Journal of Archaeology in the Low Countries 4-1 (October 2012)Thijs Maarleveld; Alice Overmeer: Aanloop Molengat – Maritime archaeology and intermediate trade during the Thirty Years’ War1
4 Discussion: interpretation, historical context and meaning

4.5 Significance and further avenues of research

The Aanloop Molengat discovery and project perfectly illustrate the diversity of heritage significance at different levels and in different contexts. Significance is not a static fact. There are many contingencies that determine whether it is created at all (Maarleveld 2010). In the exploration of new environments, such as the North Sea bottom, or new types of archaeological sites, such as early modern ships, significance and its development are highly dependent on popular images of what an explorer is meant to explore (Eelman 1986; Maarleveld 2007; Holtorf 2007). But there are intrinsic factors as well. They need to be recognised early on, preferably by the discoverers, but can develop only through research.

The significance of the individual find categories lies in what they contribute to the quantitative and technological study of production processes in the early modern world. Half-finished and intermediate products stand out, as these are not normally available for study. The assemblage as a whole represents an accidental cross-section of industries, each with their own structure and scale. The sectors range from the culturally diverse rural livestock processing and primary tanning, to the urban domestic industry of pin-making, large government-controlled mining operations, early modern steel production and the modernised urban cloth industry. At the micro-level, material studies of these tangible shipments help to unravel what has been called the chaîne opératoire both technologically and in terms of social organisation (Lemonnier 2002). For some of the materials presented, such as the iron bars, this approach can be further elaborated.

The combined cargo, its packing and composition contribute to our understanding of distribution and routes, the organisation of intermediate trade, stocking, warehousing and stapling. It is obvious that only a selection of related questions is addressed here. Analysis of the plethora of merchant marks on ingots and the body of lead cloth seals that are tentatively attributed to merchant houses is just one aspect that calls for further scrutiny.

In its intricate detail the material approach of the archaeological Aanloop Molengat project is a relevant complement to the analyses of socioeconomic historians such as Posthumus, Coornaert and others in the Annales School, and the synthesising work of De Vries & Van der Woude (1995) on the economic development of the Dutch Republic. It is equally obvious that such detailed work informs the conceptualisation at the macro-level of narratives on social change, on the development of the modern world and on any competitive technological edge on the part of the West (Vries 1995; Pomeranz 2000; Palumbo-Liu 2011). A condition for this significance is the accessibility of the source material in the context of its assessment and analysis, which is what the present overview of primary data and underlying analyses is attempting to achieve.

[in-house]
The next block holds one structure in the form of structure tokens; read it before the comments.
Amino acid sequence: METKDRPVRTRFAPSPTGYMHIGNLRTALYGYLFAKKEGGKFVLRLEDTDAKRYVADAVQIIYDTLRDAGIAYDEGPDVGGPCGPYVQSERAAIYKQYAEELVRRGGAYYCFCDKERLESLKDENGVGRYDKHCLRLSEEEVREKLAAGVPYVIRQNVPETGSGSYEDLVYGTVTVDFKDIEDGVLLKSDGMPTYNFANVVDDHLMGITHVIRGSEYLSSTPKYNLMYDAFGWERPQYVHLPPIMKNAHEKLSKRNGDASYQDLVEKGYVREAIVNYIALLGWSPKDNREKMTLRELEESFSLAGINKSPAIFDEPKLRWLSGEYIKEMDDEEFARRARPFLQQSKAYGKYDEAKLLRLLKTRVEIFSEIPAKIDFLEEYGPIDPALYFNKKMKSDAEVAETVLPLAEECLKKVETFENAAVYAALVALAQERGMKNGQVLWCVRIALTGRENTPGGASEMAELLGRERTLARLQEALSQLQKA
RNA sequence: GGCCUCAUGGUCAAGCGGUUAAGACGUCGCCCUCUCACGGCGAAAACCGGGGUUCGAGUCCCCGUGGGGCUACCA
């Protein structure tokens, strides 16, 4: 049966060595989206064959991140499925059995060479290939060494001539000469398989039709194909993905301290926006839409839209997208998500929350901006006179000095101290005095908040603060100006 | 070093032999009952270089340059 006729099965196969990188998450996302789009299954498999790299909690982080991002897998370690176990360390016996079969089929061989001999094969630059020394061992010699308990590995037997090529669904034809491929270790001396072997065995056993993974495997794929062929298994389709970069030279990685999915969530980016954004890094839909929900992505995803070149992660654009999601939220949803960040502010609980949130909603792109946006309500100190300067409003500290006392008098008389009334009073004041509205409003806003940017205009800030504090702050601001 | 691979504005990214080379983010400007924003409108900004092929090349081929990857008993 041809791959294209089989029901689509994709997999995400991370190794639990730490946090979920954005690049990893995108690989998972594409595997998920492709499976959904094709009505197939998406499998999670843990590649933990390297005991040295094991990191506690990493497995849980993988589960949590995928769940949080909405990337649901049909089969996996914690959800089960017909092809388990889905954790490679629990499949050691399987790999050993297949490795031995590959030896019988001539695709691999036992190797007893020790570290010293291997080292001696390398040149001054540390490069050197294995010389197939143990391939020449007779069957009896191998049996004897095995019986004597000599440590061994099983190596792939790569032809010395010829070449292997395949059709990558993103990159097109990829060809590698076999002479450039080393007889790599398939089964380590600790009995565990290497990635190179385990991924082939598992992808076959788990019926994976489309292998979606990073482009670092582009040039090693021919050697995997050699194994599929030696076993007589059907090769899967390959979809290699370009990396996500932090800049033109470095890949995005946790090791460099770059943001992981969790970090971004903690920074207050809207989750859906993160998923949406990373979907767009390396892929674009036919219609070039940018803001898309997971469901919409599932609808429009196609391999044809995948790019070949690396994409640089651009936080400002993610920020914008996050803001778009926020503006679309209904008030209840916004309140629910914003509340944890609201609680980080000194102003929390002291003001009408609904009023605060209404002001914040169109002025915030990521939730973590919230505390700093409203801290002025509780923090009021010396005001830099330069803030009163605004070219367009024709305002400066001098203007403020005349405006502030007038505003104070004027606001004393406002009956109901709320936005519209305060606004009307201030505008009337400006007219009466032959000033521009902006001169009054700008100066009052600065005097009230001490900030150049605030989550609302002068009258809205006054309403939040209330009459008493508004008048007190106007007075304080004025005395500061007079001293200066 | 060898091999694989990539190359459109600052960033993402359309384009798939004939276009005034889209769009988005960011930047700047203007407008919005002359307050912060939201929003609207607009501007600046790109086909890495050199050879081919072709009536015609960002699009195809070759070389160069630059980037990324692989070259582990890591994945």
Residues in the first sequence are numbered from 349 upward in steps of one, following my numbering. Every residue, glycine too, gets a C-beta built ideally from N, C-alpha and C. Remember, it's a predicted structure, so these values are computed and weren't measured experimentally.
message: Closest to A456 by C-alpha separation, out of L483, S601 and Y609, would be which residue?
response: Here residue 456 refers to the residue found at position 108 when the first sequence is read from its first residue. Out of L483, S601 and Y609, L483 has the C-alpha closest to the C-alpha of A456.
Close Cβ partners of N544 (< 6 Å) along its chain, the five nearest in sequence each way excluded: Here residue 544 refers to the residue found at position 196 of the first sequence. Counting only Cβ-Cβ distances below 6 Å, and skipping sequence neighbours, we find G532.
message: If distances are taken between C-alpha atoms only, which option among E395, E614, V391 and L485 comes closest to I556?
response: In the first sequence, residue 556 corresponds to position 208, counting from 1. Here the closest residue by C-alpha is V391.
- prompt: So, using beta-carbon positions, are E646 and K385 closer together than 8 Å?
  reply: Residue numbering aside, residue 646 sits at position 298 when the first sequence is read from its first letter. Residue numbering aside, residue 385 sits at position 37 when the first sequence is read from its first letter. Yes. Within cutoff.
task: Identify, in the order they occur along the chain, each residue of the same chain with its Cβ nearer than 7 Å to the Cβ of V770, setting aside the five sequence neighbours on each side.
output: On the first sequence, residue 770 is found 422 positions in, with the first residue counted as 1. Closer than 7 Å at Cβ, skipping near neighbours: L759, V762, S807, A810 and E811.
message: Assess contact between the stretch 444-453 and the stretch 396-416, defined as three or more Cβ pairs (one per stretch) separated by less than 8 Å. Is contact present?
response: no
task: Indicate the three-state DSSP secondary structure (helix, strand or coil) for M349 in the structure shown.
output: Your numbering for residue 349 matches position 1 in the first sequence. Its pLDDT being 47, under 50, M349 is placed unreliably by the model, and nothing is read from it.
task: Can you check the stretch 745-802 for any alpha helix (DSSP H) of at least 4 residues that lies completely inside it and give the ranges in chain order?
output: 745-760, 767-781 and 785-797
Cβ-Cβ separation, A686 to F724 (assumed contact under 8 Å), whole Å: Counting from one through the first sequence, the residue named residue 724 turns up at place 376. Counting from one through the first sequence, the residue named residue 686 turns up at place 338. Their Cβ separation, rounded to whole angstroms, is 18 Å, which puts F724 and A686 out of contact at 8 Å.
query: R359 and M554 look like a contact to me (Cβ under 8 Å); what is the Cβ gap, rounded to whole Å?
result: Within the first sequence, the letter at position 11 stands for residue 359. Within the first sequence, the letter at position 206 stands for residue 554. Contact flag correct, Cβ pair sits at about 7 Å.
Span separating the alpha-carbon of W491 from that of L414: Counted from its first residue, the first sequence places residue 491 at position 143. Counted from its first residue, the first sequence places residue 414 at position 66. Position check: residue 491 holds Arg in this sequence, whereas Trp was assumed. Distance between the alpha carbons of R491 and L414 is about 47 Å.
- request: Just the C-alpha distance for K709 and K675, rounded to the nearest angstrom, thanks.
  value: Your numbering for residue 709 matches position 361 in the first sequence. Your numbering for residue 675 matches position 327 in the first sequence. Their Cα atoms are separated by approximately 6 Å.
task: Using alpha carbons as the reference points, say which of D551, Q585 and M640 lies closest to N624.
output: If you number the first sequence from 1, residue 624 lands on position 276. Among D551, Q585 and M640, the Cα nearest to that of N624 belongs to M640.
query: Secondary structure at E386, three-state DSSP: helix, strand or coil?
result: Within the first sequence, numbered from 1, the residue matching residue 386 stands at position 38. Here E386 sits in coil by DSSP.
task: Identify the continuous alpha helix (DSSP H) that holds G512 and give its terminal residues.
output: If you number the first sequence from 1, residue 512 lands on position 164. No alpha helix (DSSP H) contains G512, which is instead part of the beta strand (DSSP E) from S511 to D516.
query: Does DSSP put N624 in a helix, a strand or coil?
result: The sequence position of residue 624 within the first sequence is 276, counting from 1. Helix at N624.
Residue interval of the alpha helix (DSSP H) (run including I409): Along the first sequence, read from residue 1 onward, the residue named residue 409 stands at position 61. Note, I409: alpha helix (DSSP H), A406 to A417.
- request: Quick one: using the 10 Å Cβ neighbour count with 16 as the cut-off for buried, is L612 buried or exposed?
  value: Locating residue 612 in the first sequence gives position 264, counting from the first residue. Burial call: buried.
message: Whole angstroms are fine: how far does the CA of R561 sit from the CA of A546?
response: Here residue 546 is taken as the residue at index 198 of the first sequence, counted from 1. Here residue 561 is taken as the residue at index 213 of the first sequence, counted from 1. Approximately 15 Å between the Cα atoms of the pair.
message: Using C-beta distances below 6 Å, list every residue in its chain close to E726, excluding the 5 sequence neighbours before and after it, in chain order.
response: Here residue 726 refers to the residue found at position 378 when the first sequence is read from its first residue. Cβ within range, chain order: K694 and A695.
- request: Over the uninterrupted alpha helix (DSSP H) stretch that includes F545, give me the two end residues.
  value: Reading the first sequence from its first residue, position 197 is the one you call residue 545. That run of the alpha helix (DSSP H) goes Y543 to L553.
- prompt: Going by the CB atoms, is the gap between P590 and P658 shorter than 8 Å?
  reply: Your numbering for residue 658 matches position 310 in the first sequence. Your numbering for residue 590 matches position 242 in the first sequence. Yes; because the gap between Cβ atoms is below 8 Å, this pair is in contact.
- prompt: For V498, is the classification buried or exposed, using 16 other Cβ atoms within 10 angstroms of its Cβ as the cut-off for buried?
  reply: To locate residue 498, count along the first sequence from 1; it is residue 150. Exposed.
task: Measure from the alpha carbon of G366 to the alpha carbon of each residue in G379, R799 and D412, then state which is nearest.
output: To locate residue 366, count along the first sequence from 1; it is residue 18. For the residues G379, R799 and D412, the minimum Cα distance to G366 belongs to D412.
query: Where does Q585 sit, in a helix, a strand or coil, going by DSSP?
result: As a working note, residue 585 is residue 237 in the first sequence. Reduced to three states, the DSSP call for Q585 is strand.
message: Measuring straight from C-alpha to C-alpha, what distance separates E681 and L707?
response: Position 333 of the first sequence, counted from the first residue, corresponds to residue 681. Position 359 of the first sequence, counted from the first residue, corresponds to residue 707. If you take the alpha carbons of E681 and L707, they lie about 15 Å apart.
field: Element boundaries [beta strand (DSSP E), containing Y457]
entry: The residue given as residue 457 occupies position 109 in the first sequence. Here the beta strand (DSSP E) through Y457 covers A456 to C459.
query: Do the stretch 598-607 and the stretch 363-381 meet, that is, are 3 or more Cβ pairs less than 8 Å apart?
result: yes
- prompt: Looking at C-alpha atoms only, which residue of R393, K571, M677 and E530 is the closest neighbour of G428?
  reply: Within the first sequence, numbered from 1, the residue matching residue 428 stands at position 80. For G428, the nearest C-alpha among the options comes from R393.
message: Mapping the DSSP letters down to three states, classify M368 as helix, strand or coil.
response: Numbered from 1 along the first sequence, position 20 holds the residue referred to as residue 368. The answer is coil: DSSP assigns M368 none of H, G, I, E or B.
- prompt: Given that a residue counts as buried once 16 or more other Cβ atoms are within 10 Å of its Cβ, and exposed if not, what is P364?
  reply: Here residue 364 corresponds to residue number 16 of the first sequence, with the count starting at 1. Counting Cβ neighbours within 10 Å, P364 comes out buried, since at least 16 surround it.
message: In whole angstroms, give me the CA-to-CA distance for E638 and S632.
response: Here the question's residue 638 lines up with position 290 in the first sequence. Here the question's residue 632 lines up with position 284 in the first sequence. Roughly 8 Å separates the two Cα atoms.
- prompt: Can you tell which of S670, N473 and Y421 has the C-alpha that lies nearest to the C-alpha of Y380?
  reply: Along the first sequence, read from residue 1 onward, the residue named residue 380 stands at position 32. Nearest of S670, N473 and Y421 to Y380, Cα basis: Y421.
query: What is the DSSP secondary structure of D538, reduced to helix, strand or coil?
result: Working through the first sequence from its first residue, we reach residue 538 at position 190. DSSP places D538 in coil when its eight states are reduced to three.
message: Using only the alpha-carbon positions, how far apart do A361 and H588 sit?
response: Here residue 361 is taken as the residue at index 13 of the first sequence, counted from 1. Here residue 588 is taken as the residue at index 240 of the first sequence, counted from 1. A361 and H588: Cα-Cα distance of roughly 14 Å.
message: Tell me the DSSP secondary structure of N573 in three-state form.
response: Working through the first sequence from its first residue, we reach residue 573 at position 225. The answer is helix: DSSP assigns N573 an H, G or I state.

If we apply the Annales School’s classical division of time, the significance of the Aanloop Molengat assemblage as presented above is mostly at the longue durée pace of time of very slowly changing structures and the cyclical pace of the upswinging economy. This also applies to the study of ship structure. Despite rudimentary plans to cut out and lift a section, the ship itself did not become a priority in the Aanloop Molengat project. Nevertheless, construction is discussed at some length, as it complements ongoing discourses in ship-archaeological research.

At the more contingent level of histoire événementielle, significance could lie in the direct identification of shipment by an individual merchant, presently concealed behind one of the many individual merchant marks and cloth seal tags. It can also lie in the development of an explanation for the wrecked cargo as such. Although somewhat remote from the general strength of archaeological information, it could for instance be interesting to pursue and test the hypothesis that the heavy cargo in this large ship was destined for France, or more specifically, for its armies. Richelieu faced constant problems of supply and it is not inconceivable that overtly or not, his accord with the Dutch Republic’s governors, who were all in one way or other closely connected with maritime trade, would have included the supply of iron, lead, leather, cloth and ammunition, adorned with some ivory and purple cloth .... It is an aspect that could well have been neglected in both Dutch and French historiography.

The significance of the Aanloop Molengat project for the development of underwater archaeology is another aspect altogether. Methodological choices and pioneering have widened the scope of fieldwork experience in the Netherlands and beyond, thanks to broad international involvement. Technical possibilities and impossibilities, strengths and weaknesses of mixed teams, successes and failures in photo documentation were all part of this. The pivotal role of the discovery of the site and subsequent decisions in setting the course for the legal protection of underwater cultural heritage is a certainty that adds to its significance in terms of the history of the discipline.